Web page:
Half an hour after doors opened, Off Broadway was pressed for capacity. Droves of young St. Louisians buzzed about the venue and added an electric current of positive vibrations. They bore drinks in hand, mostly the free Schlafly provided by promoters Do314. They flitted around the venue, spoke to friends, acquaintances, people they did not know. Overheard: "It's a St. Louis music family reunion! You can quote me!" They were treading towards boorish benevolence at a steady pace.
Mic Boshans of Née and Humdrum began the record spin. He pulled from a stack of records, eyeing his choices with care prior to greeting them with the needle. His pragmatic choices were well received. Talking Heads' "Psycho Killer" was followed by instrumental numbers with rattlesnake-shimmy percussion and bass that fluttered. Clayton Kunstel of headliners So Many Dynamos would spin next. His first choice? A brilliant segue into his band's and Née's sense of percussion-driven electro-pop: Chaka Khan's "I Feel For You." His propulsive choices added aural fuel to the liquor fire that brewed inside Off Broadway's patrons. So Many Dynamo's frontman Aaron Stovall jumped in, air drumming all the way to Prince's "I Wanna Be Your Lover."
The show marked two achievements for the two bands: 10 years of making music for So Many Dynamos and a 10" vinyl release of the "Finches EP" for Née. Appropriately, Née opened its set with "Spiders" from the celebratory EP. With David Beeman on guitar and adorned in an industrial-strength onesie, and Boshan on percussion, Née frontwoman Kristin Dennis moved in staccato breaks between her two synths. She popped her voice off with the whizz-bang of a Bop It toy. Her herky-jerky shoulder shrugs and hand gestures caused the black fur on the coat she was wearing to shake like a live animal. For a moment, it did look as though she were wearing a bear cub on stage. A rainbow strobe emphasized her dance moves, as if mirroring her limbs with every song.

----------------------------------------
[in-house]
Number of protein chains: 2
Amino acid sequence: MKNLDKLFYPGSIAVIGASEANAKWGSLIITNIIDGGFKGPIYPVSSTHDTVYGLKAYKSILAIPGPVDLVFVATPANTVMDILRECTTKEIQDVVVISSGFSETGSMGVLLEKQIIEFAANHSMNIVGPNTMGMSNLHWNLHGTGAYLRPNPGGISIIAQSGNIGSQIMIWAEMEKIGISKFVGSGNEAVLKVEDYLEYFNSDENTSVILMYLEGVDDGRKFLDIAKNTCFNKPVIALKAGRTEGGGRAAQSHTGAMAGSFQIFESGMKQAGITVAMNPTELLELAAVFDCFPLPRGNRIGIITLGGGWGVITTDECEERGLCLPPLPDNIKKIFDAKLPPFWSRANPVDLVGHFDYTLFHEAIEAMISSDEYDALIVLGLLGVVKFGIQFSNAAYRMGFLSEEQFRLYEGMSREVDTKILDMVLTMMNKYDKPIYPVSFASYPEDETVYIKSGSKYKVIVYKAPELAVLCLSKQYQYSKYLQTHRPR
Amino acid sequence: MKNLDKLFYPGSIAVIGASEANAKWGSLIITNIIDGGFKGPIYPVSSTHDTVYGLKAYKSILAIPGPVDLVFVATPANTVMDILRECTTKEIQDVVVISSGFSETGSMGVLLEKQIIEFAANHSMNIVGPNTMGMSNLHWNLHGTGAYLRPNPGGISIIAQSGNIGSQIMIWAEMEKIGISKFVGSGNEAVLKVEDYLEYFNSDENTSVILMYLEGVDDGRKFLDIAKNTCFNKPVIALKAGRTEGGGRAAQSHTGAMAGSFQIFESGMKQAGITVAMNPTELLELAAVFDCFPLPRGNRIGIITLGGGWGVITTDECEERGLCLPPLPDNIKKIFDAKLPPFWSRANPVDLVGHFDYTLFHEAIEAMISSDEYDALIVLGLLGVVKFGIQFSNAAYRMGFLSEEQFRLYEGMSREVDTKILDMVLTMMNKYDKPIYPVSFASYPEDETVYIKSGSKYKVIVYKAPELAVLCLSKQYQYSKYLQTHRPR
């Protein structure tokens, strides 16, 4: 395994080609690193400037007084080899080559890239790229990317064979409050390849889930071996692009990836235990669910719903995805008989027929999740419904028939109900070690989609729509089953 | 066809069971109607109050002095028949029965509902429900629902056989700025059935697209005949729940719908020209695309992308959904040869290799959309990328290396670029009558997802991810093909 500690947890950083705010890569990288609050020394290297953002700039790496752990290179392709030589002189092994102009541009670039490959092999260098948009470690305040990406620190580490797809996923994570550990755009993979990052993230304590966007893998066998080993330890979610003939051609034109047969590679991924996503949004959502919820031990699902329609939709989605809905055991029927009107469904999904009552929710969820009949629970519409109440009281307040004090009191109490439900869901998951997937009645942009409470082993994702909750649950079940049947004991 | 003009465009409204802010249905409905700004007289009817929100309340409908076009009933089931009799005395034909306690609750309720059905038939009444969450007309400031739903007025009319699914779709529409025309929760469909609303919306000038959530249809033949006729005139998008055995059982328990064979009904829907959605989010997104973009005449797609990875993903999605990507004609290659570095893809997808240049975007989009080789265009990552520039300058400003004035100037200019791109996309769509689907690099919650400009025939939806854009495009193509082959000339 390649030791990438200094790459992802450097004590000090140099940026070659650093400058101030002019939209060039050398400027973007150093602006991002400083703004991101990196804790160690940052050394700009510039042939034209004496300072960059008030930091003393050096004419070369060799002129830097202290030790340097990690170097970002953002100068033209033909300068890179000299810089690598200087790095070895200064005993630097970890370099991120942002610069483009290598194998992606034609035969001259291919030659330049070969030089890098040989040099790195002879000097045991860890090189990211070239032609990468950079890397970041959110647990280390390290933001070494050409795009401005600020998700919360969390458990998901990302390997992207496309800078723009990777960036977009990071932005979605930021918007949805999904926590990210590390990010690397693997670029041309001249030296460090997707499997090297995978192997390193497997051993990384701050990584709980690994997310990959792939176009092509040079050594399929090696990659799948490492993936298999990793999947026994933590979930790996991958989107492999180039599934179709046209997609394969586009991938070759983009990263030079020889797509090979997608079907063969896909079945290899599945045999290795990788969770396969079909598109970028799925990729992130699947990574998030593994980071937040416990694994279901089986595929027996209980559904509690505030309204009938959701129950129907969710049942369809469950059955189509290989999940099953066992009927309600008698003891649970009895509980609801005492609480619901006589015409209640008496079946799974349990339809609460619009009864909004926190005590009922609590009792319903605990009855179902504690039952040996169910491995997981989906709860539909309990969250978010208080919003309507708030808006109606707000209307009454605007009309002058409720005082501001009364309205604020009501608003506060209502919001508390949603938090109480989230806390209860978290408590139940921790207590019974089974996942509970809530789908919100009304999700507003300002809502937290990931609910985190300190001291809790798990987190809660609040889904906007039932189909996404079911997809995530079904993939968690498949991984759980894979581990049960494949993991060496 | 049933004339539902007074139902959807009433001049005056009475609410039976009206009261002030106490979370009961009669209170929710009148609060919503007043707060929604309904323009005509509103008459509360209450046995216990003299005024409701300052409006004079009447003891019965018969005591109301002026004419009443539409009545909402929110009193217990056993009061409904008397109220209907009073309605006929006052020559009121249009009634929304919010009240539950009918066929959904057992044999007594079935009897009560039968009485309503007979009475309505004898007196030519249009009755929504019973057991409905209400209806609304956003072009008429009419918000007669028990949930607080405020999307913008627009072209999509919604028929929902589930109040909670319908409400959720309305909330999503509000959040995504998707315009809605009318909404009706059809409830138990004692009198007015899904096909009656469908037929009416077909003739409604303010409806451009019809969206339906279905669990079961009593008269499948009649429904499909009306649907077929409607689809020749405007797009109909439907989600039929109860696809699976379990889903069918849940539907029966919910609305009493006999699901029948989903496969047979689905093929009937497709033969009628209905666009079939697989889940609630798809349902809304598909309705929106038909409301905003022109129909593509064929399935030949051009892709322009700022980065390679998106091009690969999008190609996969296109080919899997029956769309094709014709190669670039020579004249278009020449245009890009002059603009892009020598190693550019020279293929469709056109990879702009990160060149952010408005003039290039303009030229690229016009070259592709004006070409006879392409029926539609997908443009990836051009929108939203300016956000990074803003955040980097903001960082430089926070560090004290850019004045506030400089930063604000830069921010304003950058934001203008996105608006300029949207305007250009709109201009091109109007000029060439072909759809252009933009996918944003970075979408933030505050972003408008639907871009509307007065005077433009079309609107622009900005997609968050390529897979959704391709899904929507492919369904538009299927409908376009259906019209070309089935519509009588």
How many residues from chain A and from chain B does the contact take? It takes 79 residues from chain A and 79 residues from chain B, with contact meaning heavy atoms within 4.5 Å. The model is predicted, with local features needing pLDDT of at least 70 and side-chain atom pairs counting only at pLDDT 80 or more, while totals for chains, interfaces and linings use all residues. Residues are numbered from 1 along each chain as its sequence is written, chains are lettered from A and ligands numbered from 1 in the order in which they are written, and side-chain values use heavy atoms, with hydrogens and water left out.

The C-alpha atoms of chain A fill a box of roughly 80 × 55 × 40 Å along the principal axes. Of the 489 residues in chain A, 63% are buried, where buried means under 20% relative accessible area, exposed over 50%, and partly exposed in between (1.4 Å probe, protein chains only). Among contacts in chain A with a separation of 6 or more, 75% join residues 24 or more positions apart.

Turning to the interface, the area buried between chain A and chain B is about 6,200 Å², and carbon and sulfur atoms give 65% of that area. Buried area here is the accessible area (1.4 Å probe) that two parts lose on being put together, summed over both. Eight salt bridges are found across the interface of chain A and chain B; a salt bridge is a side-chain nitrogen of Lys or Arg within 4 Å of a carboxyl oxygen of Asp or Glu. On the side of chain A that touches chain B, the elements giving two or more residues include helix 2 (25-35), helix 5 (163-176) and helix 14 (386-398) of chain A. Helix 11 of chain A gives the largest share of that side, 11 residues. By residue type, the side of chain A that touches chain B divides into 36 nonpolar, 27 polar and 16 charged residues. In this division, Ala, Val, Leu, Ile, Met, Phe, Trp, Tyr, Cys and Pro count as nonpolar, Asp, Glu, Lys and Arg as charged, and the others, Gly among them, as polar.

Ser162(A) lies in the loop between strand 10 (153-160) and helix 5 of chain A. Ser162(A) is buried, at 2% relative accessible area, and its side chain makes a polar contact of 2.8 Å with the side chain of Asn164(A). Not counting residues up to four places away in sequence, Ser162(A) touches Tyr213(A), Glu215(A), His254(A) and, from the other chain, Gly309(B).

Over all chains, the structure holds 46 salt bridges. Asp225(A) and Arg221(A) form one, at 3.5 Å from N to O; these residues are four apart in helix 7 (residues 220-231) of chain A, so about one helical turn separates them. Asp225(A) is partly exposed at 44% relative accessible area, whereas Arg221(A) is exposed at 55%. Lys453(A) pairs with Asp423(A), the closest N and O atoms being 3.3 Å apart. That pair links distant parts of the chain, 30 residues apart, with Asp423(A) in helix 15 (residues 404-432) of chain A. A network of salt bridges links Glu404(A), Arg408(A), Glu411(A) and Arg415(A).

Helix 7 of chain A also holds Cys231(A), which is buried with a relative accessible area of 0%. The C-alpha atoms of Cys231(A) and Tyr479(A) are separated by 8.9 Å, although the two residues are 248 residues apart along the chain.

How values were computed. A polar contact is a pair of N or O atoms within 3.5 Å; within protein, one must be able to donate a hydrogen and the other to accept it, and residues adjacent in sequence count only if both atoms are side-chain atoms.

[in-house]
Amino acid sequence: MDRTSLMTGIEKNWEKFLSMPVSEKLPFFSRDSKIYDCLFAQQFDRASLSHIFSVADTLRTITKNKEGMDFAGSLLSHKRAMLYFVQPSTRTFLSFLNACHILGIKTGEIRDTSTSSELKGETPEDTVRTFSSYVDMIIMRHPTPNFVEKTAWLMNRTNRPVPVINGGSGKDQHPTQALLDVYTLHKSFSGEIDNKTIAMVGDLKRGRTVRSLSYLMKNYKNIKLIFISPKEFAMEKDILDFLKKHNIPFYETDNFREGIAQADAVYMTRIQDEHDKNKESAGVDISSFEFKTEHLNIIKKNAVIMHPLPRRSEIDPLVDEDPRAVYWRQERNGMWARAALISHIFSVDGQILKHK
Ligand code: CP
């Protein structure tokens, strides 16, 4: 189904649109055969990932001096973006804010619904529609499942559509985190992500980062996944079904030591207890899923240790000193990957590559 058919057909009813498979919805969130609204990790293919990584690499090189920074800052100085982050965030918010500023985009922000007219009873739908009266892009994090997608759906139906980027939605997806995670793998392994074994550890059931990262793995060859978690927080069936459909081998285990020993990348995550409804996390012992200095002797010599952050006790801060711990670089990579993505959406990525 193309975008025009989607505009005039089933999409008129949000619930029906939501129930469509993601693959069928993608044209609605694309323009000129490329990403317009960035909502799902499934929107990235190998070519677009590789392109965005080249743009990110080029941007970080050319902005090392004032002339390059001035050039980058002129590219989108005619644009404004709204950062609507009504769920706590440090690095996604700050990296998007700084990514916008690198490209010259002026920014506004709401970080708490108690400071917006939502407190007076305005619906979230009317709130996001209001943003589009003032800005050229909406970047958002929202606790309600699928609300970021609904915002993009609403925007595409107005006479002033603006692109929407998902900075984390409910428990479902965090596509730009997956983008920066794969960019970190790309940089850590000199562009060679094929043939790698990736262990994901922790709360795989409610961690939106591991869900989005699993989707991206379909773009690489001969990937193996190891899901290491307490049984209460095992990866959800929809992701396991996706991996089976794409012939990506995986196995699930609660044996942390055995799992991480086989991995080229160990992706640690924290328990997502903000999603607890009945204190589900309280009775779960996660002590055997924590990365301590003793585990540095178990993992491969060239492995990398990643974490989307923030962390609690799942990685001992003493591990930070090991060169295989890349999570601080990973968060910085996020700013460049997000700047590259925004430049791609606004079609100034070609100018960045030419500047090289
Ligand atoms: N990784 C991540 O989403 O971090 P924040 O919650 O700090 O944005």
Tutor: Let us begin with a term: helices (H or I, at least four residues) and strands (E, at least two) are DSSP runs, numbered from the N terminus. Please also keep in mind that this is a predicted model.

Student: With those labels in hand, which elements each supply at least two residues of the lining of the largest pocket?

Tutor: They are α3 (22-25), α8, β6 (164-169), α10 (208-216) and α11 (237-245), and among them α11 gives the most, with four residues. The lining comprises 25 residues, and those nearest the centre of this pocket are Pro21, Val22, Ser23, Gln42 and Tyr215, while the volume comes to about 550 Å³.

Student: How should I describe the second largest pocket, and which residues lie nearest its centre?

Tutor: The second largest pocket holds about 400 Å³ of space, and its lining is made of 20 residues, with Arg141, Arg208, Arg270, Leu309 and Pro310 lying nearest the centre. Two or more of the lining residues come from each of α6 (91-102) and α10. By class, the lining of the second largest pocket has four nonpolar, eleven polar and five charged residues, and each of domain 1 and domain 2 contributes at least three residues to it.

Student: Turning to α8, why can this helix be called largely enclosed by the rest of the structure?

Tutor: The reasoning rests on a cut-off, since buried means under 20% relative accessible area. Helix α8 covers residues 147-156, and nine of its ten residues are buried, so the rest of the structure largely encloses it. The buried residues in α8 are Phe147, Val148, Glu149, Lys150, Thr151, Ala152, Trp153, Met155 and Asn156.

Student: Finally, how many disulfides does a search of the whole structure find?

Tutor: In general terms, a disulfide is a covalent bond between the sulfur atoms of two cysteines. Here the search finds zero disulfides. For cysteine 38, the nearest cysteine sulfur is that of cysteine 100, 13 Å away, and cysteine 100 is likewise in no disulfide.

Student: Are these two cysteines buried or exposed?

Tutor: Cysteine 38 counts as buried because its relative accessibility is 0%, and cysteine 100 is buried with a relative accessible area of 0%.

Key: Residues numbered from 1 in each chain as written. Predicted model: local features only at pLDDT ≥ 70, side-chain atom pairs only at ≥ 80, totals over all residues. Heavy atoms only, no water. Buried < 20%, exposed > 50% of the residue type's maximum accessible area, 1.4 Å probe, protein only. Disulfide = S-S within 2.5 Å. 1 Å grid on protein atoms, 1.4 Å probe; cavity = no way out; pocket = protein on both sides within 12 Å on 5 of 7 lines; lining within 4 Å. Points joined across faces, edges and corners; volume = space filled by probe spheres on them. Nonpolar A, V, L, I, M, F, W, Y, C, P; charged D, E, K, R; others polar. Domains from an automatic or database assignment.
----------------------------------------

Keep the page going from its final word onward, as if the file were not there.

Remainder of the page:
The crowd boogied like separate atoms readying the abandonment of a greater mass. They turned and twisted in every which direction, never unified but caught by their own inhibitions. One young man spent most of the set with his back to Née wriggling his body around like a wet noodle. He ceased his loose gyrations during "Absolom," the first track from the "Hands of Thieves" release. Perhaps enraptured by the ethereal choir of voices backing Dennis, he appeared absorbed: A noodle resigned to blissed-out attention.
During "Let's Get Drunk and Kiss," a song the band recorded for KDHXmas 2012, an odd thing occurred: Normally eloquent friends began to spew gibberish as the night gained momentum. St. Louis natives adopted New Jersey accents. As with any good party, everyone seemed ready to abandon responsibility. Libations aplenty, we were buzzing before So Many Dynamos took the stage.